The opinion of the court was delivered by: Judge George W. Lindberg
MEMORANDUM OPINION AND ORDER
Plaintiff Jeffrey J. Petrey seeks judicial review of the decision by defendant Commissioner of the Social Security Administration ("SSA"), denying plaintiff's application for Disability Insurance Benefits ("DIB"). Plaintiff and defendant have filed cross-motions for summary judgment. For the reasons stated below, plaintiff's motion is granted, and defendant's motion is denied.
Plaintiff applied for DIB on November 2, 2004, claiming that he had been disabled since June 18, 1998 due to back pain, leg pain, and anxiety attacks. The SSA denied the claim in 2005, and the SSA Appeals Council denied review. In 2007, on judicial review, Magistrate Judge Schenkier remanded the case for further proceedings. On remand, a different ALJ held a hearing, and denied plaintiff's claim on March 11, 2009. On November 18, 2009, the SSA Appeals Council declined to assume jurisdiction. Plaintiff filed the instant complaint for judicial review on January 15, 2010.
A. Evidence Presented Prior to Remand
Plaintiff injured his back at work in 1994. (R. 271-72) In September 1995, plaintiff's employer's worker's compensation insurer sent plaintiff to Dr. Charles Slack, an orthopedic surgeon. (R. 156, 272) In a November 19, 1999 summary of plaintiff's medical history, Dr. Slack reported that an April 1997 MRI (magnetic resonance imaging) revealed a herniated disc at the L3-4 level, with an extruded fragment. (R. 156) Plaintiff had back surgery -- a right L3-4 hemi-laminectomy with excision of a herniated disc -- on May 2, 1997. (R. 156)
Plaintiff returned to work following his surgery, but continued to report to Dr. Slack that he was experiencing back pain. (R. 211) Dr. Slack concluded that plaintiff had a recurrent disc herniation, and treated him with epidural steroid injections. (R. 211) On March 26, 1998, Dr. Slack requested that plaintiff complete two weeks of physical therapy to decrease his pain, during which time he would be off work under a temporary, total disability. (R. 209) After two weeks of physical therapy, however, plaintiff experienced increased pain. (R. 207) On April 27, 1998, Dr. Slack opined that plaintiff should be limited to sedentary work requiring no lifting, repetitive bending, or twisting. (R. 207-08) Dr. Slack also recommended that plaintiff be allowed to change his position frequently, and that plaintiff initially limit his work hours to four hours per day. (R. 208)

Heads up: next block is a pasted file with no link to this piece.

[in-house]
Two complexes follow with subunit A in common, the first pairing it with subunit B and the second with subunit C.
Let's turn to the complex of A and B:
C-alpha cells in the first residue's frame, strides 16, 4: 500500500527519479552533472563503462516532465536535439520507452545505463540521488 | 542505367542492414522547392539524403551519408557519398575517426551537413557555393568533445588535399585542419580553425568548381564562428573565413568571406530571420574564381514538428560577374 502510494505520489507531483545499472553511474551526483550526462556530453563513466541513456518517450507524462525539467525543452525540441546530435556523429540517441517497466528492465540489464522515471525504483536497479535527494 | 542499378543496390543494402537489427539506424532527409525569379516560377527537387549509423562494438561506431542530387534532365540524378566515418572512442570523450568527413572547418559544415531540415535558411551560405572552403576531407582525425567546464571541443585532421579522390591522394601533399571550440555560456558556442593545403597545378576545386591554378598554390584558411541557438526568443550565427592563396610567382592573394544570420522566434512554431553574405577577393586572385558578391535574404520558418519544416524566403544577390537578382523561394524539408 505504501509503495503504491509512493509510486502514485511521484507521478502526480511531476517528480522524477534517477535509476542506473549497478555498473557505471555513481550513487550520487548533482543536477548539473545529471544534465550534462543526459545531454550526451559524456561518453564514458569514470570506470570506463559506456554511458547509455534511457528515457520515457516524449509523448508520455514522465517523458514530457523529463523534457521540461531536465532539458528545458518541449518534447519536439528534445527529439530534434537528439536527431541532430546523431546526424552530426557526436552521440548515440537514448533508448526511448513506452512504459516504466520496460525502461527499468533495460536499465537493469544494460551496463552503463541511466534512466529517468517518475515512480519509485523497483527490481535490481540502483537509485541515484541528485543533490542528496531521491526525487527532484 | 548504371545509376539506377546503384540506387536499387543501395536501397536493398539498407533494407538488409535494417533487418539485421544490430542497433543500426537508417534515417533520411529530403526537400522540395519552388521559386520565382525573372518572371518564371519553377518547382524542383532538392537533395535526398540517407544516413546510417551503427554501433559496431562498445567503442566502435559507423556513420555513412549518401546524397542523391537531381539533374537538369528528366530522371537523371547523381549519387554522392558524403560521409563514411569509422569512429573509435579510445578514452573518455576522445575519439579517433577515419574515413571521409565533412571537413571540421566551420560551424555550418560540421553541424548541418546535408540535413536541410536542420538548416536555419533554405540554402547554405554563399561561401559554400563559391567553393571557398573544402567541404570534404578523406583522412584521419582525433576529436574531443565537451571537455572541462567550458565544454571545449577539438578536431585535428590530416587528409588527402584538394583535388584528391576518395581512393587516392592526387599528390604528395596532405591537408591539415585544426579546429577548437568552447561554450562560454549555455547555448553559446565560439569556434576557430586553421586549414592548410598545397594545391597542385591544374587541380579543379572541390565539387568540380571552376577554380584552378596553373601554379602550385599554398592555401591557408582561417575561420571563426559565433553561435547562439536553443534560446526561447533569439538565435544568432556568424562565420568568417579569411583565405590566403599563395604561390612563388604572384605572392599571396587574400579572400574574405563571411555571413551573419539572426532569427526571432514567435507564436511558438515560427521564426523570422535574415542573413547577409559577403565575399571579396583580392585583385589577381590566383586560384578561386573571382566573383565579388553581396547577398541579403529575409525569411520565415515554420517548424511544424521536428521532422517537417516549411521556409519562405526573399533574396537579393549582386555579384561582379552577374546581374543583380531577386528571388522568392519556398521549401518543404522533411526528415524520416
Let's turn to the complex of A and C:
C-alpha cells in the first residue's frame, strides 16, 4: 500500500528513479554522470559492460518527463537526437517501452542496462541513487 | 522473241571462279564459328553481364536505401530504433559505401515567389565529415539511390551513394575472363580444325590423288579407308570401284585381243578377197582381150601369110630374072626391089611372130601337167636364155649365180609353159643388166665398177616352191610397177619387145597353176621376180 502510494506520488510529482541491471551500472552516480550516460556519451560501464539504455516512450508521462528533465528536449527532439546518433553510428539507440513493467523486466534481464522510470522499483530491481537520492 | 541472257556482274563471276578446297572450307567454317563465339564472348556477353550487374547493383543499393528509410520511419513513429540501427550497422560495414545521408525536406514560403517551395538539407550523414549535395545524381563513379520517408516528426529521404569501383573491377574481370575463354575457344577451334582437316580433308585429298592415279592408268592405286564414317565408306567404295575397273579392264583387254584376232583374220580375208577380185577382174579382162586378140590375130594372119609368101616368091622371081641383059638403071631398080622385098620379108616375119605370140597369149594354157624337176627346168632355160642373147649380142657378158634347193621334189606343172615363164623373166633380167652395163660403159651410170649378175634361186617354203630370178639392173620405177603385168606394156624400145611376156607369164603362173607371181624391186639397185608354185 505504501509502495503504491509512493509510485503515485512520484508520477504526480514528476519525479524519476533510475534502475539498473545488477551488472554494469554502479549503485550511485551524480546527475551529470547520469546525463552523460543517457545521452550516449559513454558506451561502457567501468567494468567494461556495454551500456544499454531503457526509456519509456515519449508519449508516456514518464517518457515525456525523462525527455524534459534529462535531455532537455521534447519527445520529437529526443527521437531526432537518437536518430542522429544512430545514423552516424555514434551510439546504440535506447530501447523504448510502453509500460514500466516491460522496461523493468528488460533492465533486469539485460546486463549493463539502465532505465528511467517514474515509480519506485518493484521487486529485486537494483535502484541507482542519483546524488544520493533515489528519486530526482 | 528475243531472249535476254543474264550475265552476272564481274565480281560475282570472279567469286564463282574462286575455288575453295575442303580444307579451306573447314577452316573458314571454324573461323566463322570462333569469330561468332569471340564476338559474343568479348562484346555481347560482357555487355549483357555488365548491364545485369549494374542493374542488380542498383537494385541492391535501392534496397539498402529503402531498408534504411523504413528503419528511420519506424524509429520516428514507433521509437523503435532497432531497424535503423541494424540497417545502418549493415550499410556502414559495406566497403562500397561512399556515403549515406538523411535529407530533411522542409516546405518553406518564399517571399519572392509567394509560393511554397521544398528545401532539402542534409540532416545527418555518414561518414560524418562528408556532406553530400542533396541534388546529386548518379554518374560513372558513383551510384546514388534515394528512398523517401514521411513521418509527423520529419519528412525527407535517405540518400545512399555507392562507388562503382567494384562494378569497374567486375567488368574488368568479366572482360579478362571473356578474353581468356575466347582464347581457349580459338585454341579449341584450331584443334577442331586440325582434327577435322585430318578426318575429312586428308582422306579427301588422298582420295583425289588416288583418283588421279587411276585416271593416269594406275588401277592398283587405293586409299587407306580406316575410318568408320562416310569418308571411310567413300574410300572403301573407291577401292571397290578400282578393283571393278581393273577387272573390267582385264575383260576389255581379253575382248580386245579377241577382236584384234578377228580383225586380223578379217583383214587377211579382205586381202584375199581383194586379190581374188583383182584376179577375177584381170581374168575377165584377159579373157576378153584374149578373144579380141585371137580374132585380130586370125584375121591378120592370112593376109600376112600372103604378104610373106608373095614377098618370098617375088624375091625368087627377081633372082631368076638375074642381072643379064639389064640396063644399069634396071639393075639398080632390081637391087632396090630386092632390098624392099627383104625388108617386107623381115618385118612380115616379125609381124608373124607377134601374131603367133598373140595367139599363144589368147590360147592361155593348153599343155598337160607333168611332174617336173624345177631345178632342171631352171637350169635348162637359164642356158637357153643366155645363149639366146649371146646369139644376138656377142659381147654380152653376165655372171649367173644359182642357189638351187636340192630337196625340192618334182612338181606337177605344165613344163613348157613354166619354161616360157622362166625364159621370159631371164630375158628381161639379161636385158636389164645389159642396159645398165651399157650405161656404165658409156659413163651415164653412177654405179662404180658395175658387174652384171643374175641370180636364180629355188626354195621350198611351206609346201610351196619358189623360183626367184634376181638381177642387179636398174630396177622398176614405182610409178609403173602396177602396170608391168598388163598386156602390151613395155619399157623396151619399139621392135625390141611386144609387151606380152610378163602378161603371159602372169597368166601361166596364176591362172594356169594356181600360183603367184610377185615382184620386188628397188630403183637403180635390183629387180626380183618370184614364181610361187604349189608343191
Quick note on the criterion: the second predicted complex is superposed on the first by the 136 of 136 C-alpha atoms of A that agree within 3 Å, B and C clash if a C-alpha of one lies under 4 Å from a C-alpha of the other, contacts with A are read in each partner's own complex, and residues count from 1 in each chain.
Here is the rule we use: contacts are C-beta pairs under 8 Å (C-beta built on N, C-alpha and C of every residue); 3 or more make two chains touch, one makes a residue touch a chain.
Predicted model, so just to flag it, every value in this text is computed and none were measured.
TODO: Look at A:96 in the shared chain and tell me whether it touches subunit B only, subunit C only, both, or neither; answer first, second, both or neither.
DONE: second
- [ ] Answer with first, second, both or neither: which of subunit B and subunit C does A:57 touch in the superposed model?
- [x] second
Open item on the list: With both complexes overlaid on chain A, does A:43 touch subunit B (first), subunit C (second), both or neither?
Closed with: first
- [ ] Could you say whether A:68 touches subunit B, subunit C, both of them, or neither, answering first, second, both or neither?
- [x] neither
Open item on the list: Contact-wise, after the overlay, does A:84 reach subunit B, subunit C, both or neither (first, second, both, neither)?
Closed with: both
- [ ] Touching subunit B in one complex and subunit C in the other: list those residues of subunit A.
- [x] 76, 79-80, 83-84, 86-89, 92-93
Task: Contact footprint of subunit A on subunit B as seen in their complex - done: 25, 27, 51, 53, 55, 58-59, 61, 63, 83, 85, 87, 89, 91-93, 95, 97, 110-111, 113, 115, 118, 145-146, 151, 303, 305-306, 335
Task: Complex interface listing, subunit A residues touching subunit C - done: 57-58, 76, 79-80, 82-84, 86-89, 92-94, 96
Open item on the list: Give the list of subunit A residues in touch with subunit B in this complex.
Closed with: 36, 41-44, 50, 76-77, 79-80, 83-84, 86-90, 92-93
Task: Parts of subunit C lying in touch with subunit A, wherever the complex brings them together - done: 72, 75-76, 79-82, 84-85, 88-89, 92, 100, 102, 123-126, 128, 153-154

Plaintiff returned to work on a limited basis on May 7, 1998. (R. 187) After working for a few days, he missed several days of work due to increased pain. (R. 187) He then attempted to work four days a week at a sedentary position, but continued to have difficulty. (R. 184, 187) A May 19, 1998 MRI indicated that plaintiff had a small disc protrusion. (R. 192) On June 29, 1998, Dr. Slack recommended that plaintiff come off work on temporary disability. (R. 184) Although a July 27, 1998 electromyogram (EMG) was normal, on August 3, 1998 Dr. Slack recommended that plaintiff remain temporarily disabled due to the interference of pain with plaintiff's daily function. (R. 181) Dr. Slack also recommended that plaintiff see a pain management program doctor. (R. 181)
Dr. Slack completed reports on plaintiff's residual functional capacity on August 23, 2004 and February 3, 2005. (R. 220-22, 107-11) In the 2004 report, Dr. Slack opined that plaintiff could not lift more than ten pounds, and that he had more than fifty percent reduced capacity for walking, bending, standing, stooping, sitting, turning, and climbing. (R. 222) In the 2005 report, Dr. Slack again opined that plaintiff would be incapable of lifting more than ten pounds, and that he would never be able to twist, stoop, crouch, squat, or climb ladders. (R. 109-10) He also opined that due to pain, plaintiff would need to change positions after only fifteen minutes of sitting or standing, and could sit or stand/walk for less than a total of two hours out of an eight-hour work day. (R. 108-09) In addition, Dr. Slack opined that plaintiff would be likely to miss more than four days of work each month due to pain. (R. 110) Finally, Dr. Slack opined that plaintiff was not a malingerer, and that his impairments were reasonably consistent with his symptoms and functional limitations. (R. 108)